This essay examines some of the ramifications of the formation of business improvement districts (BIDs) in urban centers that levy additional taxes in particular geographic areas to provide supplementary services. Originally designed to further business development to improve the tax base of the entire city, these districts are increasingly being used by affluent city neighborhoods to enhance what are viewed as inadequate municipal services. Because cities are often divided into affluent, white neighborhoods and poor minority ones, BIDs are troubling in that they reinforce race and class divisions within what is theoretically an urban whole. Professor McFarlane argues that we must consider BIDs in light of the competing egalitarian and group formation principles embodied in voting rights jurisprudence.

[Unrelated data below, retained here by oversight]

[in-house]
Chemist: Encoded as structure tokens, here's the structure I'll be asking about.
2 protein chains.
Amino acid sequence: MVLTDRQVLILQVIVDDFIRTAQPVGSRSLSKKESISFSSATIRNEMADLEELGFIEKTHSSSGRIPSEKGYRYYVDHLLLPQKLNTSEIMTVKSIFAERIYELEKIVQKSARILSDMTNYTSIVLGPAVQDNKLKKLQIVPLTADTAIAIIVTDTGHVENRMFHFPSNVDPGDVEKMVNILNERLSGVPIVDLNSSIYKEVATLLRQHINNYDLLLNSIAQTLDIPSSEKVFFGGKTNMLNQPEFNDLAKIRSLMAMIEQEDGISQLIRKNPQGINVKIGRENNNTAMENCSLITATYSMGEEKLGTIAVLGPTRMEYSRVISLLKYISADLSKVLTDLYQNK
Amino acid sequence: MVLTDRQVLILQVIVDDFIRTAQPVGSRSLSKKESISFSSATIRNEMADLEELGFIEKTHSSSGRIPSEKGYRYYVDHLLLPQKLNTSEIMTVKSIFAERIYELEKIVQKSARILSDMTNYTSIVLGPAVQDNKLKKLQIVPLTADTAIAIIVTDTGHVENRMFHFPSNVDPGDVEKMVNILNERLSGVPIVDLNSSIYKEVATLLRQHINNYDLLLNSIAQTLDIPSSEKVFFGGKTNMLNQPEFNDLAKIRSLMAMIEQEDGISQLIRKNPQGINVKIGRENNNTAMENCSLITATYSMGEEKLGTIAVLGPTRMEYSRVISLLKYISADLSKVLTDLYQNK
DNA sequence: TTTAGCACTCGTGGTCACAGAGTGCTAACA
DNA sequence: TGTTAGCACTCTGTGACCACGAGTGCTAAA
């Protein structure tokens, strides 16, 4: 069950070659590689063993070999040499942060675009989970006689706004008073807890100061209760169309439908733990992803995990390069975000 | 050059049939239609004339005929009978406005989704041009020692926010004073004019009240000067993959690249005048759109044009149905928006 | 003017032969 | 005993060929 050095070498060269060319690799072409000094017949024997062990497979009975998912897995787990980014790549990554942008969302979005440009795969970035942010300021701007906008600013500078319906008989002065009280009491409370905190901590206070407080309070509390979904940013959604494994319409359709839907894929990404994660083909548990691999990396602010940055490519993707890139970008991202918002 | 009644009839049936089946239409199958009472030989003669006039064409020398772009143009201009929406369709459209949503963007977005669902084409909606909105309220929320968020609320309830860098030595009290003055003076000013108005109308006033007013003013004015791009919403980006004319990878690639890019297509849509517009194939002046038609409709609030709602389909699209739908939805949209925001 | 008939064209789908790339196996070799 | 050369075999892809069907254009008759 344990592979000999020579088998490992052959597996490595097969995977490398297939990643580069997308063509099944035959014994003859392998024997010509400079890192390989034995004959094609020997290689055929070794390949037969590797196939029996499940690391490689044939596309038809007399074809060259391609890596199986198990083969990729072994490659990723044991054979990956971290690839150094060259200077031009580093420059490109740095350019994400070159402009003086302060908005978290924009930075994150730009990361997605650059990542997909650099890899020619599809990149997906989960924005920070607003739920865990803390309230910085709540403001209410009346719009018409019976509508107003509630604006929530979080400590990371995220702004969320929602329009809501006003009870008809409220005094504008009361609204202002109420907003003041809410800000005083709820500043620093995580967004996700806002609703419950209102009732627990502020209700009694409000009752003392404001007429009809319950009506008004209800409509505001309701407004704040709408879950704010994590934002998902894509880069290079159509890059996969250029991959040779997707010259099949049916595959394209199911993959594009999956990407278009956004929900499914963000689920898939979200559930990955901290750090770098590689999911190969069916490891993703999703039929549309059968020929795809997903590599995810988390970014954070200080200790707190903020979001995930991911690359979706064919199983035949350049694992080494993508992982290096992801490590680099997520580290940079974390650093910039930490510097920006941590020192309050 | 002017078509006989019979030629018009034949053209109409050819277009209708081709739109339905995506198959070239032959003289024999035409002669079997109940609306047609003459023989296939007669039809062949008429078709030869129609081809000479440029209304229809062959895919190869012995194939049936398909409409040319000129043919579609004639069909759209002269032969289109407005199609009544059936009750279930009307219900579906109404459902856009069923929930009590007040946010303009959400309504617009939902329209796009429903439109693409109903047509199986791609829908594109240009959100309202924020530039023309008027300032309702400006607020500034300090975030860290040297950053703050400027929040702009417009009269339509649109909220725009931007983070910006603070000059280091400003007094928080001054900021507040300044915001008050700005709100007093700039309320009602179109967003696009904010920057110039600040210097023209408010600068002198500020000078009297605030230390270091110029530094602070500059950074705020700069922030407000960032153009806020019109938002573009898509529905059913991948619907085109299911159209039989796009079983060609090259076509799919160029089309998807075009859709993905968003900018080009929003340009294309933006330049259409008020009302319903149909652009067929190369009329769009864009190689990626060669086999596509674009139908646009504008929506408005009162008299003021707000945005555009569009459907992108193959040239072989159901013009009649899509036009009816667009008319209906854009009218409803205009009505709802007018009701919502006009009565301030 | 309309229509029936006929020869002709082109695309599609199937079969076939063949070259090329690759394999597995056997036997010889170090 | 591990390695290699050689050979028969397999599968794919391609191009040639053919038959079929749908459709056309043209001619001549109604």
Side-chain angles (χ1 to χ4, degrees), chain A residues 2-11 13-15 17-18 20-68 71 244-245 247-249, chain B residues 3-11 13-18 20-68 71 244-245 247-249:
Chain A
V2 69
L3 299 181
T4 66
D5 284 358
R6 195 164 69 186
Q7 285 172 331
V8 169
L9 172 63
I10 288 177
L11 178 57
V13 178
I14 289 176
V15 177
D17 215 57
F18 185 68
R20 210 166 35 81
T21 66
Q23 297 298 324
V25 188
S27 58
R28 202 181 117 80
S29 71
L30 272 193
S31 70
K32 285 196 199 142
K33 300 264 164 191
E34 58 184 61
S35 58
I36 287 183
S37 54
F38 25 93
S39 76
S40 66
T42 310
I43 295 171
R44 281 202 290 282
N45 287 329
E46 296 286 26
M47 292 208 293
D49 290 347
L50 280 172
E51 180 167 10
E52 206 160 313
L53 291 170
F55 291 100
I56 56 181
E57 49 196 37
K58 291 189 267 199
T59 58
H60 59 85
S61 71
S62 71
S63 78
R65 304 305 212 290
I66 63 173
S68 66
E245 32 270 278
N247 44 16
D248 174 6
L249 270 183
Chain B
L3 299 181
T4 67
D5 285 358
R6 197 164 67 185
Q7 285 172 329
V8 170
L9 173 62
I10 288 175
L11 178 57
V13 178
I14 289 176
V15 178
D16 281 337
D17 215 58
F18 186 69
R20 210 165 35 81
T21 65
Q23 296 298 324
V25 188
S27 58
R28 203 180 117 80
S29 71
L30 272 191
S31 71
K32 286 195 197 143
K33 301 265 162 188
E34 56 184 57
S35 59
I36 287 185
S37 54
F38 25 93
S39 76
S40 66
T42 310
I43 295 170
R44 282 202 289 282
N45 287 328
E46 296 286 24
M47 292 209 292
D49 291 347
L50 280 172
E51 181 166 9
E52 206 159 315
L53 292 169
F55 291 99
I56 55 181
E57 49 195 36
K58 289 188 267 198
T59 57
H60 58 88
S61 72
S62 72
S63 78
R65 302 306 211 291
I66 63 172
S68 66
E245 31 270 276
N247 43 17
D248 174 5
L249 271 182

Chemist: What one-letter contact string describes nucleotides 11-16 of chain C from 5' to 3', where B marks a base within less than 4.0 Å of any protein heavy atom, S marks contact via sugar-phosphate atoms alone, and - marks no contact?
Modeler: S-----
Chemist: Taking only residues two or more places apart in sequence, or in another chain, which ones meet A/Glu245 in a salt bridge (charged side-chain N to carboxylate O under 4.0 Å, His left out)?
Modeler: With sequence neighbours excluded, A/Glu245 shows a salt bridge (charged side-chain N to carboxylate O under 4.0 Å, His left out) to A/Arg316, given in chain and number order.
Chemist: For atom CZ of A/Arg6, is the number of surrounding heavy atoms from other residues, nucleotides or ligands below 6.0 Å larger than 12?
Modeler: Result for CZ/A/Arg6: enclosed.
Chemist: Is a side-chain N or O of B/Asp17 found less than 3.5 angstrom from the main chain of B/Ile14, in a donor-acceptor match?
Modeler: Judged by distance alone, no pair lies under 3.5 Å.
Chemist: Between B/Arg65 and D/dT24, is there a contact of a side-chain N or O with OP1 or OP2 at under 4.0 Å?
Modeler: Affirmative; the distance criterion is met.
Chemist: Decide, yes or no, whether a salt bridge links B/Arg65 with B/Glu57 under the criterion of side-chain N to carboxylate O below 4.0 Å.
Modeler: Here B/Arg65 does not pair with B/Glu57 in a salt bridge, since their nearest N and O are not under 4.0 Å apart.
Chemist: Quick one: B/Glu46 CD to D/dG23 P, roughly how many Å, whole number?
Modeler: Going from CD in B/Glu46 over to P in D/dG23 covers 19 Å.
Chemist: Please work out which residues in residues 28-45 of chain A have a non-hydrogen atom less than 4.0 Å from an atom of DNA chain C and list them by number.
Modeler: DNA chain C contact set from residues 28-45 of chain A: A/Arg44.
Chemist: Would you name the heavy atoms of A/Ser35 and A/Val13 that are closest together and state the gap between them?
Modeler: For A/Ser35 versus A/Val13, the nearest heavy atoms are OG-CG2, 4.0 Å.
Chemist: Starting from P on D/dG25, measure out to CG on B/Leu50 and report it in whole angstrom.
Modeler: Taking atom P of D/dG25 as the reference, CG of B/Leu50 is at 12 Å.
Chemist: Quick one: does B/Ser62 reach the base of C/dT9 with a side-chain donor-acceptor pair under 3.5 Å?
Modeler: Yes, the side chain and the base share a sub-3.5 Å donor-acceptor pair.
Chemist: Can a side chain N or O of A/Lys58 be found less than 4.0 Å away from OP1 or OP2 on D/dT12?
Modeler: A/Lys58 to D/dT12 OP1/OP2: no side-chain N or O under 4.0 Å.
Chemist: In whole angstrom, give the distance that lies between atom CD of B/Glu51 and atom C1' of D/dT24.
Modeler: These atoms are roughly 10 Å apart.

Preserving Community in the City: Special Improvement Districts and the Privatization of Urban Racialized Space, 4 Stanford Agora 5 (Fall 2003)